Best Practices In Fire Department Sustainability

Roundtable on Fire Department Sustainability. L-R: Dr. Candice McDonald, Chief Joe Maruca, Brian Foley, Matt Aalto, and Tiger Schmittendorf

The National Volunteer Fire Council (NVFC) held a special Roundtable on Fire Department Sustainability during its spring meeting on April 7. A panel of experts discussed key challenges regarding sustainability along with best practices to help fire departments retain members and meet staffing needs.

The roundtable was moderated by Dr. Candice McDonald, Firefighter/Public Information Officer with the Sebring (OH) Fire Department and Firefighter/EMT with the Winona (OH) Fire Department. McDonald recently completed her doctoral research on retaining volunteer firefighters in the U.S. The panelists included Matt Aalto, Firefighter/EMT and recruitment and retention coordinator for the Gaston (OR) Fire District; Brian Foley, Lieutenant for the Princeton Junction Fire Department in West Windsor Township, NJ; Joe Maruca, Chief of the West Barnstable Fire Department on Cape Cod (MA) and NVFC board member; and Tiger Schmittendorf, Deputy Fire Coordinator with the Erie County Department of Homeland Security and Emergency Services, volunteer firefighter, and fire service recruitment and retention specialist.

The following are key takeaways from the panel discussion.

Finding Solutions to Sustainability Challenges

Most volunteer fire departments are well aware of the challenges to sustainability. Many communities are seeing an aging population with less younger people to potentially volunteer. Departments are losing volunteers to the career service or because members move out of the community to find better job opportunities. People generally have less time available to volunteer now than in decades past. In addition, many communities are providing less financial support to their local fire departments, creating a strain when it comes to training and equipping volunteers.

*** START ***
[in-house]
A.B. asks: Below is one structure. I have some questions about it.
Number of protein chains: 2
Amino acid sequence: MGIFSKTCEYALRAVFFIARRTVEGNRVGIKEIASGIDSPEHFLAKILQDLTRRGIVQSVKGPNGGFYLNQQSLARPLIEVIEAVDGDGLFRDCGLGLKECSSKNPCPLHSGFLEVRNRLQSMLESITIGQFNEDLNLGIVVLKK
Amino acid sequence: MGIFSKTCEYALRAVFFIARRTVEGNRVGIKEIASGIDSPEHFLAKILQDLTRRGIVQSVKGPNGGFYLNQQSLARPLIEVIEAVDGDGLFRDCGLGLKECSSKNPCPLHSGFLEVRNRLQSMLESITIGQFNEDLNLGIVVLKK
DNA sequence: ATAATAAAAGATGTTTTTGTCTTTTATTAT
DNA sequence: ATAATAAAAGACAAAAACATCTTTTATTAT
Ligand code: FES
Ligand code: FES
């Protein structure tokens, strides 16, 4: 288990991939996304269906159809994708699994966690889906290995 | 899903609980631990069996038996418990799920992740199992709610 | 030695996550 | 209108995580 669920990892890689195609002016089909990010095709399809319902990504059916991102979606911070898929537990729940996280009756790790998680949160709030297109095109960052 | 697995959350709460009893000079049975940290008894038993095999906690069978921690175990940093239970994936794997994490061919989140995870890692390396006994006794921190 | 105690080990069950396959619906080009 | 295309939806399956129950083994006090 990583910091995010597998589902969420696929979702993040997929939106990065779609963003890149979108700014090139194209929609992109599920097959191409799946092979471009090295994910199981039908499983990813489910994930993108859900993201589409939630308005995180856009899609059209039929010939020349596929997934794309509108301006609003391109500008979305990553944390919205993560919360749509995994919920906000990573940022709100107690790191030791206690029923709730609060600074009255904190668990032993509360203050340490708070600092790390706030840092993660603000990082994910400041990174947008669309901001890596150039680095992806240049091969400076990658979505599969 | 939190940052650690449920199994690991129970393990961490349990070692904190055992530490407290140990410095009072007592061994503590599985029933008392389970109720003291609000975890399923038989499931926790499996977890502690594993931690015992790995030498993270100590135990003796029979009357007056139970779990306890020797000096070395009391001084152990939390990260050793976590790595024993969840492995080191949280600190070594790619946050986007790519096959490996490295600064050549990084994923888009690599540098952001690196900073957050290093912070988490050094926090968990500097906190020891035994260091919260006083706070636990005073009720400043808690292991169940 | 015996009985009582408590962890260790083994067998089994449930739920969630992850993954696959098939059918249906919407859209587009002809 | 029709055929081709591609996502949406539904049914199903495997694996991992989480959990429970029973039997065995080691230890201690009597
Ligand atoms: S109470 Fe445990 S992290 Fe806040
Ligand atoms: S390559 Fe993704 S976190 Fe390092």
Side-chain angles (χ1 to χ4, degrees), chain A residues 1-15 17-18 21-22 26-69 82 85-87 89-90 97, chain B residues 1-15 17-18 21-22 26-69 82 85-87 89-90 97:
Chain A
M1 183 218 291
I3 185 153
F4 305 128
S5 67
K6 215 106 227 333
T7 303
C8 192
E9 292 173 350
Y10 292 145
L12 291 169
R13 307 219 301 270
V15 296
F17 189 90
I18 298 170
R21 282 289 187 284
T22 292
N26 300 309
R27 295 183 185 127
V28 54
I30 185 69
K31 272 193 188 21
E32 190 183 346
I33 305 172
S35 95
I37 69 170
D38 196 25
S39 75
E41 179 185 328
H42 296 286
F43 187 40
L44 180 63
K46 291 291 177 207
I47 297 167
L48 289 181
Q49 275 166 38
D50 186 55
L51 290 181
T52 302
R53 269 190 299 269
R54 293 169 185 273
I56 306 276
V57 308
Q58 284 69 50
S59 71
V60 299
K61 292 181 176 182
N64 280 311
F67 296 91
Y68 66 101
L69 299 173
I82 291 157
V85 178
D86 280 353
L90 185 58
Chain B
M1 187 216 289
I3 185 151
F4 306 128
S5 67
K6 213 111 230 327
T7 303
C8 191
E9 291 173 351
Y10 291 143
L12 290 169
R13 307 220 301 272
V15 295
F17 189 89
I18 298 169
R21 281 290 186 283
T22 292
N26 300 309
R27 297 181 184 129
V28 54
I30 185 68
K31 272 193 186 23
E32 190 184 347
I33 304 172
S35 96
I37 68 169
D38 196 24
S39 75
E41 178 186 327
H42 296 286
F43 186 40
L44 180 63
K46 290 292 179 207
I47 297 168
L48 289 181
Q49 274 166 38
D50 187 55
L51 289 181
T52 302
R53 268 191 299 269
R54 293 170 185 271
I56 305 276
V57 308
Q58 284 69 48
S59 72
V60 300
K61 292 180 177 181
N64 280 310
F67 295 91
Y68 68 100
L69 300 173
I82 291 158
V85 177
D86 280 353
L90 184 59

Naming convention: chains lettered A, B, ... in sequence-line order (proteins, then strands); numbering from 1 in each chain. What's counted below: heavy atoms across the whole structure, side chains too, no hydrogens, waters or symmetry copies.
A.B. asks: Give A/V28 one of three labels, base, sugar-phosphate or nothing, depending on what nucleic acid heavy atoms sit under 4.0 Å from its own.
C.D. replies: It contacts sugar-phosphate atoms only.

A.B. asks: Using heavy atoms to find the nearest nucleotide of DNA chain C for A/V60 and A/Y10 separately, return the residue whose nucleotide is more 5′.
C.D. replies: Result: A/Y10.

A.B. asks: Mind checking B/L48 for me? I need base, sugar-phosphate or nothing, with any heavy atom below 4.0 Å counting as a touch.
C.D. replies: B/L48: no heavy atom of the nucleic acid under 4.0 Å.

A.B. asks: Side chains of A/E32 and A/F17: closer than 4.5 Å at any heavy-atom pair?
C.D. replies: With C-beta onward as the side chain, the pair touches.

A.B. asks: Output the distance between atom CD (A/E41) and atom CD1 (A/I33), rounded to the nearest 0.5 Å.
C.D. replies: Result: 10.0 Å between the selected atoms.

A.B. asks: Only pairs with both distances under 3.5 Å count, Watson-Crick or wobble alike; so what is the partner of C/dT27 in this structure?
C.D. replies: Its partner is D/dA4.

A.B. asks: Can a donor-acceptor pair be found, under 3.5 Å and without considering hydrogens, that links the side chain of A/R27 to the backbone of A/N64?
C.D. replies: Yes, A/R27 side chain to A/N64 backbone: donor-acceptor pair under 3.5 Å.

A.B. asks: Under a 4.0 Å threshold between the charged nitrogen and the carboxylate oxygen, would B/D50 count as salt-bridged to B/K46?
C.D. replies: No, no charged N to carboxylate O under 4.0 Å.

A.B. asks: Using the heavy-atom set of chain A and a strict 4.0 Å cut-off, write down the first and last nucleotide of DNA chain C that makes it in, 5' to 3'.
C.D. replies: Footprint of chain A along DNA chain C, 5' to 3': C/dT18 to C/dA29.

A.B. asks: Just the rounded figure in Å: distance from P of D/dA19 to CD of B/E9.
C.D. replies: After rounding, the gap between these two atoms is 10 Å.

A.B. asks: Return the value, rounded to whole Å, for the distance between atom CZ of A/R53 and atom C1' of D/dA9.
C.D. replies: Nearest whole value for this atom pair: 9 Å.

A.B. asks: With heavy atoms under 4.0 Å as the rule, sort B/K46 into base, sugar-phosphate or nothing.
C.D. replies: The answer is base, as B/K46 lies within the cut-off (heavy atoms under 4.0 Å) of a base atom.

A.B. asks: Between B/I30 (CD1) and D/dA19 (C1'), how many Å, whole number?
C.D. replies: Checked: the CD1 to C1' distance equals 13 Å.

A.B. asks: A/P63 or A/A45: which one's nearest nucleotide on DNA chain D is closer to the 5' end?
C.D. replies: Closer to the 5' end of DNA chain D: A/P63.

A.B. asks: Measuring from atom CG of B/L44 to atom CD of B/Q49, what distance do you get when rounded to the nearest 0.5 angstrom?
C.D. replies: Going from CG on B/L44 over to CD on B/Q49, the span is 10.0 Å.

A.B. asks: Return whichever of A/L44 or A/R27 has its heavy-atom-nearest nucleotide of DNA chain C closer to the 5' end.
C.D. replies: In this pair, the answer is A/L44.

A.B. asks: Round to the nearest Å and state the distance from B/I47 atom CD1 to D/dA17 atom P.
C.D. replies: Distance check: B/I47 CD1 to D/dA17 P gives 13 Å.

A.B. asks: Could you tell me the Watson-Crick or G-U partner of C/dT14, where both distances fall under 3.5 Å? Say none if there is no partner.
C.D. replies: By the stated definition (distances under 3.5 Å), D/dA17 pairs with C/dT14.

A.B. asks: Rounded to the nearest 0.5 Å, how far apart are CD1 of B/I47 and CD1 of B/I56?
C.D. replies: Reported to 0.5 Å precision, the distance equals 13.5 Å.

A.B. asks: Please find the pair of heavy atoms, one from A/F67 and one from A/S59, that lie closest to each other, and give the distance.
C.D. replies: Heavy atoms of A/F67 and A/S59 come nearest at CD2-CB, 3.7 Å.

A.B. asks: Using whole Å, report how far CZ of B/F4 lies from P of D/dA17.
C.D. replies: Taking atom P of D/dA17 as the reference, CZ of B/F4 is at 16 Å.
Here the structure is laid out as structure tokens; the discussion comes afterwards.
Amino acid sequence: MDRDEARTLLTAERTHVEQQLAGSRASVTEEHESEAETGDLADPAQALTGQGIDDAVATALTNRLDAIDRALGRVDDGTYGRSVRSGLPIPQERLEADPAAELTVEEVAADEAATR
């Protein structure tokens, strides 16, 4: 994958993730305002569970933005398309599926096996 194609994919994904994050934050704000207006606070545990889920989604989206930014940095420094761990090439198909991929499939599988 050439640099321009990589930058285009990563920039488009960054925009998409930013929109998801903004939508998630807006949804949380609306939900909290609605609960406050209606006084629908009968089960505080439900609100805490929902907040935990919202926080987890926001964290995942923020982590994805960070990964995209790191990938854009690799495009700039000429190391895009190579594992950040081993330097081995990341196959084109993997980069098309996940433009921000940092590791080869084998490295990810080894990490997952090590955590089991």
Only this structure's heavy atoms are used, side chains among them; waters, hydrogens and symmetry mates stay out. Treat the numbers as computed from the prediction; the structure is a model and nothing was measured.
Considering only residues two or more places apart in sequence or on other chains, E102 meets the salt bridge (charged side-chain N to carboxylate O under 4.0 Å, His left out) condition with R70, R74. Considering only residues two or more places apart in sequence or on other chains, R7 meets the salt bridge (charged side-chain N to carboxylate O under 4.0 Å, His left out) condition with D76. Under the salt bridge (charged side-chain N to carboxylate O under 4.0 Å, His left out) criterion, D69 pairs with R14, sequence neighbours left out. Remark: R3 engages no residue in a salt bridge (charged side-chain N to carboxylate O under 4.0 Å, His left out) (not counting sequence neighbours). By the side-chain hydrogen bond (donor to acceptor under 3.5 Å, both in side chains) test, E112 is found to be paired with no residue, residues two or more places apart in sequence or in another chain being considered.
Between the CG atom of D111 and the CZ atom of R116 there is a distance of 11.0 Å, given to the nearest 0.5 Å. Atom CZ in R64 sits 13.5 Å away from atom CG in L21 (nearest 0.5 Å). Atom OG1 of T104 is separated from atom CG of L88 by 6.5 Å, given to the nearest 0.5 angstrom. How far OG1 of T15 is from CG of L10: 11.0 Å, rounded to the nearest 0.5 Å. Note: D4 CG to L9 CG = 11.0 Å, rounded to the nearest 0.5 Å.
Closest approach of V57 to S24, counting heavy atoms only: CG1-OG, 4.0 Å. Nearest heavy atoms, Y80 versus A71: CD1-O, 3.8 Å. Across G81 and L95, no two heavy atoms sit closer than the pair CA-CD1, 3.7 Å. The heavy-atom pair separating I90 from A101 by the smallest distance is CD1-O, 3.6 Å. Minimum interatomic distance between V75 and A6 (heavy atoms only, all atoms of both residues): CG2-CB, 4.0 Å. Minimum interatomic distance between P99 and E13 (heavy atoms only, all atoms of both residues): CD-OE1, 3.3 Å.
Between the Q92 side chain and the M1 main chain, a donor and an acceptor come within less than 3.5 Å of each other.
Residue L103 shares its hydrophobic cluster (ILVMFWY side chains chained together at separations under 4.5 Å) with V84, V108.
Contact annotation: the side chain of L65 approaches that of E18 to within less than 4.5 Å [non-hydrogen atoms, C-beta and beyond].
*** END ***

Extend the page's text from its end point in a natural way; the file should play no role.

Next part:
Sustainability is critical for a volunteer fire department. When a department is not able to retain an adequate number of personnel, it has the obvious impact of affecting the services a department can provide to a community. But losing members also has significant impact on both the financial aspect of a fire department and member morale.

There are solutions to recruitment and retention challenges; however, departments limit themselves if they are unwilling to change and adapt. Also, departments have to understand that there is no one-size-fits-all solution for sustainability. Each community has to assess their needs and identify the solutions that work for them.

Best Practices for Sustainability

The panelists identified a series of best practices and tips departments should consider as they work to meet their sustainability needs. These are grouped together below by their common themes.

Be willing to adapt/change.

  • If current recruitment and retention methods are not working for a department, reassess to come up with different solutions.
  • Create more opportunities for people to volunteer with the understanding that they have less free time to give.
  • Recognize that members of today’s younger generation are individuals and a one-size fits all solution does not work with them. Leaders need to get to know their volunteers and their families.

Foster tomorrow’s leaders.

  • Give thought to how the organization survives the next decade.
  • Officers need to look forward to the next generation of fire service leaders. Senior management needs to make plans now for when they retire.
  • If the fire department’s system of management is antiquated, it is not conducive to getting young people to move up the ladder.